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UPDATE: Democrats, Republicans Spar Over Who Has Mandate

UPDATED: Monday, January 7, 2013 --- 1:50 p.m.

MADISON, Wis. (AP) -- There's no argument that Republicans have the majority of seats in both the Wisconsin Senate and Assembly as it begins its two-year session Monday.

But Democrats argue the GOP does not have a mandate.

Democratic Senate Minority Leader Chris Larson says the only reason Republicans have more seats in the Legislature is because they redraw political boundaries last year to their advantage. He calls it a "gerrymandered mandate."

But Republican leaders are rejecting that, saying voters showed repeatedly last year through the general election and recalls that they support Republicans.

Republican Senate Majority Leader Scott Fitzgerald says, "We made the case to the voters of Wisconsin," he told reporters during a news conference.

Fitzgerald won a recall election last year, as did Republican Gov. Scott Walker.

Copyright 2013: Associated Press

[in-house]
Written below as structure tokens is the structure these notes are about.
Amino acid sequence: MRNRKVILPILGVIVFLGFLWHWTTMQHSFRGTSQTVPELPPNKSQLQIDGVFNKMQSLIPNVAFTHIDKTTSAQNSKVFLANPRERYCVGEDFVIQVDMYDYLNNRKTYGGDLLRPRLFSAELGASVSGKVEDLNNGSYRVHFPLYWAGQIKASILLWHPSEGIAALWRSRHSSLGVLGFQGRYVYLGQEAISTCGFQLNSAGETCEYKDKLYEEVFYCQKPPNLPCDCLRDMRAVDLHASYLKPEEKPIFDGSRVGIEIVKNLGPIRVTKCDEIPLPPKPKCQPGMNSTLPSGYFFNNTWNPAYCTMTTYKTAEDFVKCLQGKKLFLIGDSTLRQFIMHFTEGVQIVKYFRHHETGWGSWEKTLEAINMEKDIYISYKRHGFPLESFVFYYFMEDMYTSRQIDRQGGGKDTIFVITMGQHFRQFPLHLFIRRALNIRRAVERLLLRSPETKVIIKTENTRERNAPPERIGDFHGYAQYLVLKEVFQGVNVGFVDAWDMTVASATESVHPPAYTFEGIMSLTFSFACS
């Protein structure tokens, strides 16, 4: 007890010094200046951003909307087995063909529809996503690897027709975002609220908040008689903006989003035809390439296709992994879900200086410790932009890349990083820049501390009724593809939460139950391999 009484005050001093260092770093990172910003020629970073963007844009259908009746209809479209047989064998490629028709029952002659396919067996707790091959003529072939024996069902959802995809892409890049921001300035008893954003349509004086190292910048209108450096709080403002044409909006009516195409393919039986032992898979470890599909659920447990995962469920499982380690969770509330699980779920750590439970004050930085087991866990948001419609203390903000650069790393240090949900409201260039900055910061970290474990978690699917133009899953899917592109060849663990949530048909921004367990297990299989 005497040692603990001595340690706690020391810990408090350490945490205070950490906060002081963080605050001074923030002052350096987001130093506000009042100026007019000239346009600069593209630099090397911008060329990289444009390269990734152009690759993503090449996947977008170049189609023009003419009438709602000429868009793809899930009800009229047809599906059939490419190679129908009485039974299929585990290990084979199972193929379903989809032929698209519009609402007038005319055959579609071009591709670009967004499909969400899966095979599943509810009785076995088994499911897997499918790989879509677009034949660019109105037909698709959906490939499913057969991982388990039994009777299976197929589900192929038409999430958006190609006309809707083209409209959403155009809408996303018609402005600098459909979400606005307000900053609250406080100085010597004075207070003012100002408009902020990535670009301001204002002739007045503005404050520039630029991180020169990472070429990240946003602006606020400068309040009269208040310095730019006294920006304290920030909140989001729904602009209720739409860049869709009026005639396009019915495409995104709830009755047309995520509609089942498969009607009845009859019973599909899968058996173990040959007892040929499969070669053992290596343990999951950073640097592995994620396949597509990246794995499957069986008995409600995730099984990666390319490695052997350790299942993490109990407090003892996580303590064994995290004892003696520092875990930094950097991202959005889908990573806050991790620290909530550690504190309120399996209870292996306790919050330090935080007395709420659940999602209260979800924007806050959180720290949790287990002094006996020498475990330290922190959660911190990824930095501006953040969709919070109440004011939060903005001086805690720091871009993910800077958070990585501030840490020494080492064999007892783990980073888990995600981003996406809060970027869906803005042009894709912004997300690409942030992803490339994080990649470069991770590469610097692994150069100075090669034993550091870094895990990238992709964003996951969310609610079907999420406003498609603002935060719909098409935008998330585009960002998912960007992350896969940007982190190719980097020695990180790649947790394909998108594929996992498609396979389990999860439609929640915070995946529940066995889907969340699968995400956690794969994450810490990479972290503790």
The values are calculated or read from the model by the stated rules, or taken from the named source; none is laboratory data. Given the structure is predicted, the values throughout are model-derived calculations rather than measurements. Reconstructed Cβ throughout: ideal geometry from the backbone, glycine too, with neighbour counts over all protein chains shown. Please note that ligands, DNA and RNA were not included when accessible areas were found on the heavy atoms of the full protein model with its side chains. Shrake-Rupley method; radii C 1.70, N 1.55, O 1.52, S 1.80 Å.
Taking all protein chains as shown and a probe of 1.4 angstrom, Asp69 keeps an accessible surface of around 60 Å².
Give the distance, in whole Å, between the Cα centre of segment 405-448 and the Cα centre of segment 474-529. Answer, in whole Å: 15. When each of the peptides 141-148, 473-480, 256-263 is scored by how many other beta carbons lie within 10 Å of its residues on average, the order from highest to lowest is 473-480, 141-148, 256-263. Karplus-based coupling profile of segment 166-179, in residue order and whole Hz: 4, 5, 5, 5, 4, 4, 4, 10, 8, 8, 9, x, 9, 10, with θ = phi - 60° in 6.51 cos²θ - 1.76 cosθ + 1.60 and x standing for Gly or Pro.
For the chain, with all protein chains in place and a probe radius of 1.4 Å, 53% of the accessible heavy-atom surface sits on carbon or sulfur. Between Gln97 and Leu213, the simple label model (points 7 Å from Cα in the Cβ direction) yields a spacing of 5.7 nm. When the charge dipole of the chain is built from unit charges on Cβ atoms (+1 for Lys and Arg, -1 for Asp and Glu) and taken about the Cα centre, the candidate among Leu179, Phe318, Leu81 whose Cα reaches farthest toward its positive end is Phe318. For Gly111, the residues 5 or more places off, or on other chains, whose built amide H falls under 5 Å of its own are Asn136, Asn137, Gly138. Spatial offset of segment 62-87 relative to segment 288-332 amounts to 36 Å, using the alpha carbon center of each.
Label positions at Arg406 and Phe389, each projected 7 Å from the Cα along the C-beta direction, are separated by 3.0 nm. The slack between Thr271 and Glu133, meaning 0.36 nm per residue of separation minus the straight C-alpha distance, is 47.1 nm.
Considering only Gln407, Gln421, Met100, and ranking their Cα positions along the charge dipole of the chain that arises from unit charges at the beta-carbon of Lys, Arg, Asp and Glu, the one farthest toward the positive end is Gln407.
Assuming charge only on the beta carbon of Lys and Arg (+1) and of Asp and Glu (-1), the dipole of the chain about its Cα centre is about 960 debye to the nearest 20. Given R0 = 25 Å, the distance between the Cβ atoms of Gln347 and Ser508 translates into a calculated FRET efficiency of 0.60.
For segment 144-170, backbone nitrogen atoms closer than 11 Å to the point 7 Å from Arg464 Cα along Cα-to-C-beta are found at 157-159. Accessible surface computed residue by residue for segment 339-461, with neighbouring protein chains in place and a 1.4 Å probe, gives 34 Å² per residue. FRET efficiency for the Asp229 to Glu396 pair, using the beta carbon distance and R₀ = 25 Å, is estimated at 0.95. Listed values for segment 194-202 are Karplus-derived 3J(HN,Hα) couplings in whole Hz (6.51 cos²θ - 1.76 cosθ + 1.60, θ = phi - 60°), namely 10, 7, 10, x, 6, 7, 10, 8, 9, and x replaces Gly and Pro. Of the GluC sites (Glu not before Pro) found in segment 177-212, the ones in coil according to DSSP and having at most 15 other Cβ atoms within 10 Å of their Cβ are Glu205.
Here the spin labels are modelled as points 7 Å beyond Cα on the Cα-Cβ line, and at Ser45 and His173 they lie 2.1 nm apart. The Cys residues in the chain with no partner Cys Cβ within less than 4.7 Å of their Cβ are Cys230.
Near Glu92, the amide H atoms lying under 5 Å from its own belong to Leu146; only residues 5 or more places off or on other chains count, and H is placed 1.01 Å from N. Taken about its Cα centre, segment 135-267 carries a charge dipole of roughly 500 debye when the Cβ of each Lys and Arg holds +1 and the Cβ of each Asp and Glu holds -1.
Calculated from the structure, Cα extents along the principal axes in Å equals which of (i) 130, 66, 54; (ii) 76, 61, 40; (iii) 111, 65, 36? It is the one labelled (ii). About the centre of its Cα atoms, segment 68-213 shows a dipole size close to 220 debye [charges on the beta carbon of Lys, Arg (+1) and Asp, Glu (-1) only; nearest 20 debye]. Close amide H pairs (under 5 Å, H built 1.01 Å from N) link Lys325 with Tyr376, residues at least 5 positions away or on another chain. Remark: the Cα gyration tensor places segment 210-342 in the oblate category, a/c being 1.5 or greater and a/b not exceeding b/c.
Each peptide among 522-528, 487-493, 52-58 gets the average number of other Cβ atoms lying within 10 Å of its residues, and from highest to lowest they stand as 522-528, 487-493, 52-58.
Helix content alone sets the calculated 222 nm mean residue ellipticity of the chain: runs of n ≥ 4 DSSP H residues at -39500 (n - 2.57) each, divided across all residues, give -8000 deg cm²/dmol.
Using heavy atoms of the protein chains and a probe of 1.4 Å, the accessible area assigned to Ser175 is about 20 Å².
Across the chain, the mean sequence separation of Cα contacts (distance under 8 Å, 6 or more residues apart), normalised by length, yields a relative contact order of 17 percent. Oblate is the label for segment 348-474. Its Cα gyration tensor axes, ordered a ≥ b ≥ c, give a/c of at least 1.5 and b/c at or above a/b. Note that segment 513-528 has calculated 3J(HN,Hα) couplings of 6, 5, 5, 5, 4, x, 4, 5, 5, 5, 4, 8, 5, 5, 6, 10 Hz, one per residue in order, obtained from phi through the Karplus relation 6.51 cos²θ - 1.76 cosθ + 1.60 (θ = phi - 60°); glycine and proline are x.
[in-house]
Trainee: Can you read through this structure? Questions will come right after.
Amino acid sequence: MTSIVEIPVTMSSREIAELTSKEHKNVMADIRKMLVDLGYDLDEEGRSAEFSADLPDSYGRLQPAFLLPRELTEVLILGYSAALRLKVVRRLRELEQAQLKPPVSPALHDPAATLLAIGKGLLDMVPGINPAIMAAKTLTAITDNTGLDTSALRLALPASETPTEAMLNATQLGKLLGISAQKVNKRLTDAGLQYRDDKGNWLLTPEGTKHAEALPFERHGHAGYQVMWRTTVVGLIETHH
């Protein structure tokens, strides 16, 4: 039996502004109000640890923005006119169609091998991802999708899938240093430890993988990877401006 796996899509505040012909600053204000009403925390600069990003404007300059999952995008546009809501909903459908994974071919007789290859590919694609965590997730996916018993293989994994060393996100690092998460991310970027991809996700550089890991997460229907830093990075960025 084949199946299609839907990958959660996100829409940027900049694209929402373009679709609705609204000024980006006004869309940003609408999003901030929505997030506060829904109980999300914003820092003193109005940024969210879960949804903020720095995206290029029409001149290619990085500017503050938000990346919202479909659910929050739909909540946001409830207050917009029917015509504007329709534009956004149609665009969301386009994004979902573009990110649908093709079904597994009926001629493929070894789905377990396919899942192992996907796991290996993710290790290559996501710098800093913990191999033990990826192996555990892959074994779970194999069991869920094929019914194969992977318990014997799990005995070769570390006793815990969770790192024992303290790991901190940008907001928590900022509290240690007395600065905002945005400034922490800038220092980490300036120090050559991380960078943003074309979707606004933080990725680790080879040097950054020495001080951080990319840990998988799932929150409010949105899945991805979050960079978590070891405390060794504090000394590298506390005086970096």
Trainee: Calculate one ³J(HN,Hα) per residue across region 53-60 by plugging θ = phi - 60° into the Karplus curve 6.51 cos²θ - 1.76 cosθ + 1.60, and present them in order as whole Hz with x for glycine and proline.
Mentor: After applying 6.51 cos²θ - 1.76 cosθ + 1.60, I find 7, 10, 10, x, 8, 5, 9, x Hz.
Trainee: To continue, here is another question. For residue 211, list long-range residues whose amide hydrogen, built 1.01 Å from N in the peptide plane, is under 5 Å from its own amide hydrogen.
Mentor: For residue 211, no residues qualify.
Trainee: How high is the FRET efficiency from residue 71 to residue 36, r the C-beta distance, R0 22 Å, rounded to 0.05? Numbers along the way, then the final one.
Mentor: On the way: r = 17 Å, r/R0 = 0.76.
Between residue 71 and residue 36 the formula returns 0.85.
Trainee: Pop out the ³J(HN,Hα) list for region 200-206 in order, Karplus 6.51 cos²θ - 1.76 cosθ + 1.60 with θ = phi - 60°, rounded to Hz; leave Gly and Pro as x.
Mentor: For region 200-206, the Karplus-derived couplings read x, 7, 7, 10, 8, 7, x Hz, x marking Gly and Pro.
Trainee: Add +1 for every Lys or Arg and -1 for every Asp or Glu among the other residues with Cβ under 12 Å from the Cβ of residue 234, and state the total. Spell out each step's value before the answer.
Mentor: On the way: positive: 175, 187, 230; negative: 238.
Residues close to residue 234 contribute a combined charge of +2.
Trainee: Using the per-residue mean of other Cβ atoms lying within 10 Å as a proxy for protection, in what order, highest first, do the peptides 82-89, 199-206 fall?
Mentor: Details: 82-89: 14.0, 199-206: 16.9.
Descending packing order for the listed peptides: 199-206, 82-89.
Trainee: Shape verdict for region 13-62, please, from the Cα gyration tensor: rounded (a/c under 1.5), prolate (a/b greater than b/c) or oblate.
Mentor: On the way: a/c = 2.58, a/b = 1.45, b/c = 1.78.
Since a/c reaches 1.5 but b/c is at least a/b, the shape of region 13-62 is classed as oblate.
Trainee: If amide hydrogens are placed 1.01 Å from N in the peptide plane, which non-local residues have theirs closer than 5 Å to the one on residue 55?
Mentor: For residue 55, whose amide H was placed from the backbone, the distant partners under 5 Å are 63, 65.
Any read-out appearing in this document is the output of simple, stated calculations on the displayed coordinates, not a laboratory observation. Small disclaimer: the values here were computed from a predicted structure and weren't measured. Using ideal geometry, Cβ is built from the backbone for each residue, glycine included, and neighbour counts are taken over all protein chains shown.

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UPDATED: Monday, January 7, 2013 --- 11:45 a.m.

MADISON, Wis. (AP) -- Democratic leaders of the state Assembly and Senate say they hope to heal wounds this year and work in a more bipartisan fashion with Republicans.

Democrats don't have the votes to stop Republican initiatives in the Legislature. But Assembly Democratic Minority Leader Peter Barca said Monday before the start of the 2013 session that the public expects members of both parties to work together.

He says hopefully "past wounds will be healed to some degree." Last session was marked by the bruising collective bargaining fight that led to series of recalls against lawmakers and Gov. Scott Walker.

Barca and Democratic Senate Minority Leader Chris Larson are calling on Republicans to work with them on bills to strengthen worker training and improve the economy.

Copyright 2013: Associated Press
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POSTED: Monday, January 7, 2013 --- 10:30 a.m.

MADISON, Wis. (AP) -- The Wisconsin Legislature begins its two-year session with the swearing in of new members.

Twenty five new Assembly members and three new state senators officially take the oath of office on Monday and begin their terms.

There are 14 new Democrats and 11 new Republicans in the Assembly. There are two new Republicans and one new Democrat in the Senate.

Republicans have control of both houses, just as they did during the previous two-year session. They have a 59-39 advantage in the Assembly and an 18-15 edge in the Senate.

Republican leaders say they are focused on passing a bill making it easier to open a new iron ore mine near Lake Superior early in the two-year session.

Copyright 2013: Associated Press


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